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About Me and My Beliefs (when it comes to clothing)

April 6, 2013

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I figured I’d post a little today about me and who I am. My name is Shiloh. I am 22 years old and I live in the Bronx. I love cats (Mixy Mitzy was named after my first cat), rainbows and neon colors, psychedelia, politics, music, and fashion!

Personal fashion has always been a way for me to make a statement to the world about who I am and all without having to say a word. Especially after working in a few clothing retail stores, I felt like most people just wear cookie cutter clothes of one another. It’d make me want to shake my fist in utter confusion when I’d see 3 people buy the same pair of pants in a day.

And this is where fashion and some of my political beliefs begin to combine. Most of the clothes sold in America are from sweatshops. We all know the story of people who are underpaid and overworked in these overseas factories and how many of them also employ child labor. These corporations do not have health and environmental concerns in any way when it comes to buying their store stock. On top of these problems, many clothes, when out of style, end up in the garbage instead of being donated or recycled. Corporations, although considered people by the government, are not humans and thus have no conscious or soul. Although in modern society it is nearly impossible to not have things in our homes in lives made in other countries, I believe that as humans, we should be aware of what is going on. And one of the easiest changes anybody can make is to wear either second hand, clothing made where the factories practice fair wages and offer health care to employees, wear things from independent craftspeople and artisans, or make your own clothing.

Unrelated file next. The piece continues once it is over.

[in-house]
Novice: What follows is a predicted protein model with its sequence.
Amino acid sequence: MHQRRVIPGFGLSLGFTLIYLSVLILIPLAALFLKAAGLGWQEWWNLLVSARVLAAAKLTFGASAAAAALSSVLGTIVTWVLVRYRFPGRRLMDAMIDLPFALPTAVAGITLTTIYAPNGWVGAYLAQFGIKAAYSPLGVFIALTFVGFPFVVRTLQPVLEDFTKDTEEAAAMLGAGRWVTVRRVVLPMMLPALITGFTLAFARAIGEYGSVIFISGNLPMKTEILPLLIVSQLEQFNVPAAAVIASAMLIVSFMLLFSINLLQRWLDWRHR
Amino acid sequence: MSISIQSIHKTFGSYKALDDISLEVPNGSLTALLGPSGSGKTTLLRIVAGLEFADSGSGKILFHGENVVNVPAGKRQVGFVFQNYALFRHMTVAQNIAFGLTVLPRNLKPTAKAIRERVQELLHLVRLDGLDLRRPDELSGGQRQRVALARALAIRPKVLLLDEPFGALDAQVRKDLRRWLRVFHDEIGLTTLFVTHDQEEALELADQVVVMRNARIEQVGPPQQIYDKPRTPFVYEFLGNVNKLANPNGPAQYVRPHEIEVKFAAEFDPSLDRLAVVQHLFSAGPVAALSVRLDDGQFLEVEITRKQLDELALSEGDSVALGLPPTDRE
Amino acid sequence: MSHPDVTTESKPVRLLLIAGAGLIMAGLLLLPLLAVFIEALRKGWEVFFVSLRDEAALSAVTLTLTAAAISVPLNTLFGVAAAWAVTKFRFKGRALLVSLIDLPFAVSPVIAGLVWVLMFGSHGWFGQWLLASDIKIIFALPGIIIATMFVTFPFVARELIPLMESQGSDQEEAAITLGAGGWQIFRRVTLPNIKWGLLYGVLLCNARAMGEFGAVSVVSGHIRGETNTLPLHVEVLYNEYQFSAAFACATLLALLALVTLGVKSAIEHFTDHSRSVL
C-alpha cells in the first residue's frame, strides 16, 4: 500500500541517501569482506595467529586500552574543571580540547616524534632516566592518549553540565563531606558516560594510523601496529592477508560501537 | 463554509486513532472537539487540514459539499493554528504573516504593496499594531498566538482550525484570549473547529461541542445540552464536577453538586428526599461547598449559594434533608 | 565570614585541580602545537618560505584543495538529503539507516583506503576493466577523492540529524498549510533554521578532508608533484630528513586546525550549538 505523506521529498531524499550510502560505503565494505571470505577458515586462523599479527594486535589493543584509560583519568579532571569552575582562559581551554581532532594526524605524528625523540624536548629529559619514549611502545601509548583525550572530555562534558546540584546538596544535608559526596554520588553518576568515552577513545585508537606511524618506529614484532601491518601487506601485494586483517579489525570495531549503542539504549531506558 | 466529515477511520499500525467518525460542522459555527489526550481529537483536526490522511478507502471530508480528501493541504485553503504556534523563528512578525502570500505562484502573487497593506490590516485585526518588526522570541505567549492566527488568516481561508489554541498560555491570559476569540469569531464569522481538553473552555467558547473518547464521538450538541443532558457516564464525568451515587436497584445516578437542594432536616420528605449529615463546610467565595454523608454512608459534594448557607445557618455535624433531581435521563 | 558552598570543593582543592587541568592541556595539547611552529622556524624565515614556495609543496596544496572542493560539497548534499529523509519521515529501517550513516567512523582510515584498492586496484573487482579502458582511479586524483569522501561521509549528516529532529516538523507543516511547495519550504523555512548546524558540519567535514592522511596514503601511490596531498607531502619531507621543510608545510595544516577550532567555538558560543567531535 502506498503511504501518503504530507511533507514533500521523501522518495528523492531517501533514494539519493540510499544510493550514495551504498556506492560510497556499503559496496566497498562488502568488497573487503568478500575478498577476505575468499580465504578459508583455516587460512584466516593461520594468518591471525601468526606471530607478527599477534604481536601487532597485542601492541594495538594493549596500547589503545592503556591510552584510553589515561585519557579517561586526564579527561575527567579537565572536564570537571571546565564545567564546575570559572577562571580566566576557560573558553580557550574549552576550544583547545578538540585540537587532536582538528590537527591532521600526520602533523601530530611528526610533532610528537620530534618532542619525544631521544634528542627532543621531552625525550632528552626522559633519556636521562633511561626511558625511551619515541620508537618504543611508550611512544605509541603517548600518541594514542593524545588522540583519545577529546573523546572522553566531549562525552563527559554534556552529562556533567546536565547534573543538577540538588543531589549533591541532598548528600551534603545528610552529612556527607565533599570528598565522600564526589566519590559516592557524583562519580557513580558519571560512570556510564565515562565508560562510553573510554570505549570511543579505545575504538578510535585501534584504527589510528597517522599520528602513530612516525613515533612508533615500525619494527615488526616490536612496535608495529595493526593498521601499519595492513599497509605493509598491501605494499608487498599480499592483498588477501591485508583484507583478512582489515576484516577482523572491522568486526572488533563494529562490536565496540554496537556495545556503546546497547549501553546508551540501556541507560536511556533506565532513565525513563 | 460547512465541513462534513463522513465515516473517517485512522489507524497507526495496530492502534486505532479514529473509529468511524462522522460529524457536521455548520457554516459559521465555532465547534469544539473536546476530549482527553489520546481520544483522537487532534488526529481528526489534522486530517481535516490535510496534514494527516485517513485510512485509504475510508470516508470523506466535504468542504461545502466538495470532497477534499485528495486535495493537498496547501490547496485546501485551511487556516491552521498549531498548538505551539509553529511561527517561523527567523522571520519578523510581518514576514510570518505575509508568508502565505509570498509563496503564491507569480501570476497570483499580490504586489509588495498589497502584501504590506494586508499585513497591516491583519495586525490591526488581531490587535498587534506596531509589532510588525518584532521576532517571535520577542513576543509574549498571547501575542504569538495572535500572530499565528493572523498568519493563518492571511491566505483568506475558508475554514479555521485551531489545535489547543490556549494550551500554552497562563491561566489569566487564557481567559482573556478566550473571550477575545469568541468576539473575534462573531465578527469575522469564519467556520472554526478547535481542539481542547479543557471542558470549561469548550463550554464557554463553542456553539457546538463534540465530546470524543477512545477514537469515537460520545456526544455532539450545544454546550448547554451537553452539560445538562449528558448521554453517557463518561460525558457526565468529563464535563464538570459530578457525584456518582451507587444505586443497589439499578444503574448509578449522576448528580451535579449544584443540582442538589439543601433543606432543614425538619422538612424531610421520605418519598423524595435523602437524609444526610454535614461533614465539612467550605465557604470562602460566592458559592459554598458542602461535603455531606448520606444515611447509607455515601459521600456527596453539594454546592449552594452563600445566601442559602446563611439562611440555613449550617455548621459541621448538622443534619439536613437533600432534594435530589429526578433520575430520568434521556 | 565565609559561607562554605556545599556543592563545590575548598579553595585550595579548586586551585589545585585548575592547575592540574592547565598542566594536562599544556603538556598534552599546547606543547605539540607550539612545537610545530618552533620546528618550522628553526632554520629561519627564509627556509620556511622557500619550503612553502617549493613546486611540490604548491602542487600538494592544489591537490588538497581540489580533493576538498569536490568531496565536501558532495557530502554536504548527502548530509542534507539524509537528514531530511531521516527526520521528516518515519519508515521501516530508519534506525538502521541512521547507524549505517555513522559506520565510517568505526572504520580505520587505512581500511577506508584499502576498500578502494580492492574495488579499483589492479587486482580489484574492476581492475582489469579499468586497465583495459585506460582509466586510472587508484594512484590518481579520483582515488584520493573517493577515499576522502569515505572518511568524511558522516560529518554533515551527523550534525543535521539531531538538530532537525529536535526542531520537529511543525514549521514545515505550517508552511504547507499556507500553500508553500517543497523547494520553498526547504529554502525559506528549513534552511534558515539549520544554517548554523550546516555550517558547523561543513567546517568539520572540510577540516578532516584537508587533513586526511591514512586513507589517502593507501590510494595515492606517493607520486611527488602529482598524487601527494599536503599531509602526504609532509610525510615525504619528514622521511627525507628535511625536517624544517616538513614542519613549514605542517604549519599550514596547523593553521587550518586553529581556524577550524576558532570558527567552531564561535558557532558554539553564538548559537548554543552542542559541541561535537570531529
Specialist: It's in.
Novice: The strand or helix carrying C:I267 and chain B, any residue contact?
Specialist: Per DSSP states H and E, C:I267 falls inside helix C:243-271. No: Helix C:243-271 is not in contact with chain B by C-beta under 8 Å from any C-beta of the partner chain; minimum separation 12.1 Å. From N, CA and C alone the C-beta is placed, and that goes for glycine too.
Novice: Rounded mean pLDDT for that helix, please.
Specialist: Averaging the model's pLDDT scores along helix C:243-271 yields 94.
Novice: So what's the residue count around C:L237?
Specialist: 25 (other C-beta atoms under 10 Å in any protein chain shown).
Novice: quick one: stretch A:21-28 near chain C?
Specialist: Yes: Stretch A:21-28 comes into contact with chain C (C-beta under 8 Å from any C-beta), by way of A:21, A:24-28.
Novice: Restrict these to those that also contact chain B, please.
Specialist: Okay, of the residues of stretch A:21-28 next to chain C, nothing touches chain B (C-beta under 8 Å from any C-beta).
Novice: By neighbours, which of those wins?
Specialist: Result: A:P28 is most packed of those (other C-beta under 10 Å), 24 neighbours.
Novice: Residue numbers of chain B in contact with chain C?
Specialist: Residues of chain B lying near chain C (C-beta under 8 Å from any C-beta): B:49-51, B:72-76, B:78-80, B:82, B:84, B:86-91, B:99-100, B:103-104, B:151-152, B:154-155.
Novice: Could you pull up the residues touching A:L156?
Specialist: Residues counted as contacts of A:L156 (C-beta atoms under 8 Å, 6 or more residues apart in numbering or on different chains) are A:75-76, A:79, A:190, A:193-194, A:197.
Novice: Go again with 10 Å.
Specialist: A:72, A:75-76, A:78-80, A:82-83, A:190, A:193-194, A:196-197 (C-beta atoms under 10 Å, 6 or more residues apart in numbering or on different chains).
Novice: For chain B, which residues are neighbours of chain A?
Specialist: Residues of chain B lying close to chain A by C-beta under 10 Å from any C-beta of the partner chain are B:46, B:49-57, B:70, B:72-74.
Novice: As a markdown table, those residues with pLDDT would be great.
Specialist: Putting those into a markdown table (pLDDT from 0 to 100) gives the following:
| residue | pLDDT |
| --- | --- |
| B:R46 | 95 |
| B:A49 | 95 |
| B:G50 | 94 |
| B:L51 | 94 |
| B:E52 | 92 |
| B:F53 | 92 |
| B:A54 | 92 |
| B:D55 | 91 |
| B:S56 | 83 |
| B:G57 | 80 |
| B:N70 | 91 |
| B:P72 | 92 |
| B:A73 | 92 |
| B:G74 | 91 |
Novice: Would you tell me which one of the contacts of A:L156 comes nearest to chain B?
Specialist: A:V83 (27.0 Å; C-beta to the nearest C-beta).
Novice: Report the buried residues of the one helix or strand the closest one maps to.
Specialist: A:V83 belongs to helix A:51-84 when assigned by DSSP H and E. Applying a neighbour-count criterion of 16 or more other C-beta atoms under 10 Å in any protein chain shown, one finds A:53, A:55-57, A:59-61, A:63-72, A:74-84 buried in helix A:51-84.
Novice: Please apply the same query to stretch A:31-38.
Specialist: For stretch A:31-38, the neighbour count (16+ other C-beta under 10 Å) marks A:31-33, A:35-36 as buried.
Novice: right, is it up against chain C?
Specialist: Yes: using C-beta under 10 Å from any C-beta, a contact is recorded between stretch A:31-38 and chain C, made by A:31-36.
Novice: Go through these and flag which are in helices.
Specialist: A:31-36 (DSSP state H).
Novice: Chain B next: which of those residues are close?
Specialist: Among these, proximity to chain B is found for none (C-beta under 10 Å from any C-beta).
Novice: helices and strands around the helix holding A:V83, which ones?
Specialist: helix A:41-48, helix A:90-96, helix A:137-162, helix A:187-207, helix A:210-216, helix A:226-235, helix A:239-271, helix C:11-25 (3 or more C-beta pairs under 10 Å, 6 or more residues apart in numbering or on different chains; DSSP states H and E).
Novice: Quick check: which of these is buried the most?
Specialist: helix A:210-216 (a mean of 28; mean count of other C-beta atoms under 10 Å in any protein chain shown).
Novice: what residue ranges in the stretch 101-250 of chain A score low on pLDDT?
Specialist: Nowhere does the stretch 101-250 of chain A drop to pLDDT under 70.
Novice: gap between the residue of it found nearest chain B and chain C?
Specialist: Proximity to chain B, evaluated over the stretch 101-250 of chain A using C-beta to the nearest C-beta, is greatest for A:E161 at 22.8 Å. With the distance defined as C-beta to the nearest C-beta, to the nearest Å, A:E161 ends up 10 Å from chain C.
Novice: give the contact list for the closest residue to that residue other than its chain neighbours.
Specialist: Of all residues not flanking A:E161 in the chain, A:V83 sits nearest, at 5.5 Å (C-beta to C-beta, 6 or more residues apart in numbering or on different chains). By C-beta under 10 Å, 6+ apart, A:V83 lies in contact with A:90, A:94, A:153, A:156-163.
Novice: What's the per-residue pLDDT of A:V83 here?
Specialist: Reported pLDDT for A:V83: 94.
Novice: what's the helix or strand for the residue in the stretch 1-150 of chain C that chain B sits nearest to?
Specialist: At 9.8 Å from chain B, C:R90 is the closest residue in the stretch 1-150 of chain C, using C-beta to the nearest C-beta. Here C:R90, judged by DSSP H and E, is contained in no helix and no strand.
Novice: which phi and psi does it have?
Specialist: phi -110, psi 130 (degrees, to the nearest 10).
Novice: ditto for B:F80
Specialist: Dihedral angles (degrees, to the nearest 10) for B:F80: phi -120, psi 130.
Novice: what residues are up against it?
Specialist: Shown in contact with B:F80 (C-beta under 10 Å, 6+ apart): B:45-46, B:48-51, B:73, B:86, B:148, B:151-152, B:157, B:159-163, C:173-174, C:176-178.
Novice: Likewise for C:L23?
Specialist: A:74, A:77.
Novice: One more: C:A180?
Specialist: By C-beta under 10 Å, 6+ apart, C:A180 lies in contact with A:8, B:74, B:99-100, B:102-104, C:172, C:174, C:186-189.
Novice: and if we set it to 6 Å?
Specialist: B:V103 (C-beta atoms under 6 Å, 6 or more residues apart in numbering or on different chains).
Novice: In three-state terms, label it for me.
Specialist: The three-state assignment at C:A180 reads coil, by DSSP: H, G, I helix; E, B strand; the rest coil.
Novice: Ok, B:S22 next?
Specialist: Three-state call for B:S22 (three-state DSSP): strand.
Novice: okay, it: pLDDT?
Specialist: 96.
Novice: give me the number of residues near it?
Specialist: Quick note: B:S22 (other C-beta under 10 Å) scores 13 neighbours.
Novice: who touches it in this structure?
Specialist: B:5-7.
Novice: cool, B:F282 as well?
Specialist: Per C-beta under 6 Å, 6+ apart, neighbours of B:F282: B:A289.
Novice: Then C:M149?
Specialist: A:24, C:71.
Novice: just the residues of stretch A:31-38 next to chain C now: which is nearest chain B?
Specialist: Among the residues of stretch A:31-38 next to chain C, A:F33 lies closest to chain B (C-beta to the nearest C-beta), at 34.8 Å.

Clothes that are purchased in a corporate setting are not worth nearly as much as the price tag. These workers usually make $200 or WAY less a MONTH. I watched somebody at one of the stores I worked at buy a $75 shirt that was made in a third world country like it wasn’t even an issue. A TEE shirt. And it wasn’t that special. No handmade touches. No golden threads. That shirt was maybe worth $3-5, if that, after material, labor, and shipping to the United States.

I believe that that $75 could buy enough clothes to last a DEDICATED fashionista (not just a ‘regular person’) for an entire season. Or that $75 could have bought that one really special item you saw on Etsy curated or created by somebody that will last you a lifetime. And that is how people should think. You can have tons of style without adding to the profits of big retail giants. You are showing you outward respect for the environment, foreign labor, and your skills in making a fabulous outfit without resorting to overpriced jeans at a fashion retailer or buying even worse quality cheap clothing at Walmart.

I hope that people can see that if they do not know where to start or how to start changing things, it can start as easily, and cheaply, as your clothing.

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